Playing at the Boiler Room Theatre through May 5, Of Mice and Men offers a satisfying counterpoint to the company's usual bill of extraordinary musical theatre offerings. But be forewarned: You should make a reservation now, because if you wait until the closing week, they probably won't be able to shoehorn you into a seat.

Of Mice and Men. By John Steinbeck. Directed by Travis Brazil. Presented by Boiler Room Theatre, Franklin. Through May 5. For details, go to www.boilerroomtheatre.com; for reservations, call the box office at (615) 794-7744.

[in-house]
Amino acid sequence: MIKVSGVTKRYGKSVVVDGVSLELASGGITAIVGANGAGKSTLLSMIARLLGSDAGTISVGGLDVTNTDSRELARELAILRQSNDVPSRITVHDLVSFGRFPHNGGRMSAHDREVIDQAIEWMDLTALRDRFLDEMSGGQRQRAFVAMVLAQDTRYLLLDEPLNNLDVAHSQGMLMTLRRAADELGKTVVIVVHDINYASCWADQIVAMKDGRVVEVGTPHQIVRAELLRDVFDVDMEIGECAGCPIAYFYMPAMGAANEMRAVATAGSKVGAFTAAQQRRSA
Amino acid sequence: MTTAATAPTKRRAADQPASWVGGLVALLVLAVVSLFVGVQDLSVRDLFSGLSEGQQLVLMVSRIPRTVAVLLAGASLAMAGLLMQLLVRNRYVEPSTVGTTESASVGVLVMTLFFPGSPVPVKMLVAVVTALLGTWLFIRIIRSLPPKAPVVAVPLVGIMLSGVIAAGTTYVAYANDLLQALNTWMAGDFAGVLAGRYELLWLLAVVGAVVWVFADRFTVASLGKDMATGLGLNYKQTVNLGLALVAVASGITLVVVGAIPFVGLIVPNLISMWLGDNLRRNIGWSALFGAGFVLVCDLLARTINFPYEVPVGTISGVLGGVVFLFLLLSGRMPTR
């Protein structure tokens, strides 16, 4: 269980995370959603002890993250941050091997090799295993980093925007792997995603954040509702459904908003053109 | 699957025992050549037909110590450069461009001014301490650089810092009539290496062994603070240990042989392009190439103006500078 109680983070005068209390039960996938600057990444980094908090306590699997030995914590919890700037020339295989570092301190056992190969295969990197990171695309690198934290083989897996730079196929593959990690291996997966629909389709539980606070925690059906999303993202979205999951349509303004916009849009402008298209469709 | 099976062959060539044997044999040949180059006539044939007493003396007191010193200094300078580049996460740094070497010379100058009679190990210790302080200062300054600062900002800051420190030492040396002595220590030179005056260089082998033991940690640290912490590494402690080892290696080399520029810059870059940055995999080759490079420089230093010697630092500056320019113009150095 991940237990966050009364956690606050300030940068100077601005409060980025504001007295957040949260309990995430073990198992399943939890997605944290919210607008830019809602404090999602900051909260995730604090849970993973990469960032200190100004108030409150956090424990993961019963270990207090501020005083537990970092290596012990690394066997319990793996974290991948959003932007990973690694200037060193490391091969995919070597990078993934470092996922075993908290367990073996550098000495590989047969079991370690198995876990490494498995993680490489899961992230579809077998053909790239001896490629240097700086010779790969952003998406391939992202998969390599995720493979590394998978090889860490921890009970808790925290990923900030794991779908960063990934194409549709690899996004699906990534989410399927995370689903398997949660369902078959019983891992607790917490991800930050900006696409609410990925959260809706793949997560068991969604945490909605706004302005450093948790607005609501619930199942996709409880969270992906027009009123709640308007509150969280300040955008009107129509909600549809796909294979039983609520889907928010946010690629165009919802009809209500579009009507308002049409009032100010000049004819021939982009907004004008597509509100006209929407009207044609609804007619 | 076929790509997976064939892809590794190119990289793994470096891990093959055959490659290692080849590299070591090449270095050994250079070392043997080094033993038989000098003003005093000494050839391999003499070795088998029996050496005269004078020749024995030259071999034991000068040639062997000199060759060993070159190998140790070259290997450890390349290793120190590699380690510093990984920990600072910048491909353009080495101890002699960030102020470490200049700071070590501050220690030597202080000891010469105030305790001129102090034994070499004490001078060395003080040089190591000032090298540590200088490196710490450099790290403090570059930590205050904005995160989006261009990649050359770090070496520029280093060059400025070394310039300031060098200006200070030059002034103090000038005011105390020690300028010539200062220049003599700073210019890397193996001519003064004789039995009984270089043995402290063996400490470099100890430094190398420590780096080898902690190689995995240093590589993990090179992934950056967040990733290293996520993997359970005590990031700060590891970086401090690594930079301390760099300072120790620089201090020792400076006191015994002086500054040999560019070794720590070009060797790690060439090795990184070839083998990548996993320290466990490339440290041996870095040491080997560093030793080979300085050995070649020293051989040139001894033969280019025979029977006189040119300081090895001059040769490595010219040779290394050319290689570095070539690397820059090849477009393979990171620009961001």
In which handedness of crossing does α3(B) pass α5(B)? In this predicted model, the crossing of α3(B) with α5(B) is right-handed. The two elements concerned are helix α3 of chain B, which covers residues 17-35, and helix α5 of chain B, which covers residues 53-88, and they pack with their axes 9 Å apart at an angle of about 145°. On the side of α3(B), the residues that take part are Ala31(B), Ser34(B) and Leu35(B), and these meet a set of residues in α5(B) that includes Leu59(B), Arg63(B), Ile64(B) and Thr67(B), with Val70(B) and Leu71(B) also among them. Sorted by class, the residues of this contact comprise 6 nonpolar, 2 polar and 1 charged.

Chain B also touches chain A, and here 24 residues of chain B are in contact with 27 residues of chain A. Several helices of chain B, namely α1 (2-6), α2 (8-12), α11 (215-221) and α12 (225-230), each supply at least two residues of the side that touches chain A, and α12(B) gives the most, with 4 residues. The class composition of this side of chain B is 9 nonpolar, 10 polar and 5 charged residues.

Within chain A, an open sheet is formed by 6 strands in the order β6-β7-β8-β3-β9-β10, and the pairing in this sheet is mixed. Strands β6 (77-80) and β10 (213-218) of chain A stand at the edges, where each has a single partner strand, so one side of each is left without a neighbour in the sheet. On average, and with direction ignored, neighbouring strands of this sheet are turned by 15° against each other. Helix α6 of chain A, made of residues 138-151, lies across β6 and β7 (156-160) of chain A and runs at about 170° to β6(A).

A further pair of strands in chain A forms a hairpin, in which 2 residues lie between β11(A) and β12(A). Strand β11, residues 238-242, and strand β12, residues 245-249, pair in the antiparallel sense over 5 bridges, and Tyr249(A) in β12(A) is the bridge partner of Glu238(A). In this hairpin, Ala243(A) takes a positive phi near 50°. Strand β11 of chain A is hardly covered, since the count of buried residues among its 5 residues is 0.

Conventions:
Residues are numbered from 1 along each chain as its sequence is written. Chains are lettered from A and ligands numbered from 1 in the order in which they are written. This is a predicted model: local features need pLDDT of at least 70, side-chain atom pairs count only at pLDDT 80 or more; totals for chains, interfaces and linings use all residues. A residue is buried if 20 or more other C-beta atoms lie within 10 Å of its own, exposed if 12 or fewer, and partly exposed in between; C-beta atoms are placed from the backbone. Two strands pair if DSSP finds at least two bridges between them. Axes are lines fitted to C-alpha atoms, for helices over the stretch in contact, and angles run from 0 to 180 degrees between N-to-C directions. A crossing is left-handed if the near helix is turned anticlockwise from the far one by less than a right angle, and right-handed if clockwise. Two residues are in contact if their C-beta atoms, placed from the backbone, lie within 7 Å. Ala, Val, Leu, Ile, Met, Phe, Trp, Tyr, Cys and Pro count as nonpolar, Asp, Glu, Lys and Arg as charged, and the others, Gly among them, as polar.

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Jeffrey Ellis Jeffrey Ellis is a Nashville-based writer, editor and critic, who's been covering the performing arts in Tennessee for more than 25 years. He is the recipient of the Tennessee Theatre Association's Distinguished Service Award for his coverage of theatre in the Volunteer State and was the founding editor/publisher of Stages, the Tennessee Onstage Monthly. He is a past fellow of the National Critics Institute at the Eugene O'Neill Theatre Center and is the founder/executive producer of The First Night Honors, held during Labor Day Weekend, which honor oustanding theater artists in Tennessee in recognition of their lifetime achievements and includes The First Night Star Awards and the Most Promising Actors. Midwinter's First Night, held the first Sunday in January after New Year's Day, honors outstanding productions and performances throughout the state. Further, Ellis directed the Nashville premiere of La Cage Aux Folles, The Last Night of Ballyhoo and An American Daughter, as well as award-winning productions of Damn Yankees, Company, Gypsy and The Rocky Horror Show, with Ellis honored by The Tennessean as best director of a musical for both Company and Rocky Horror.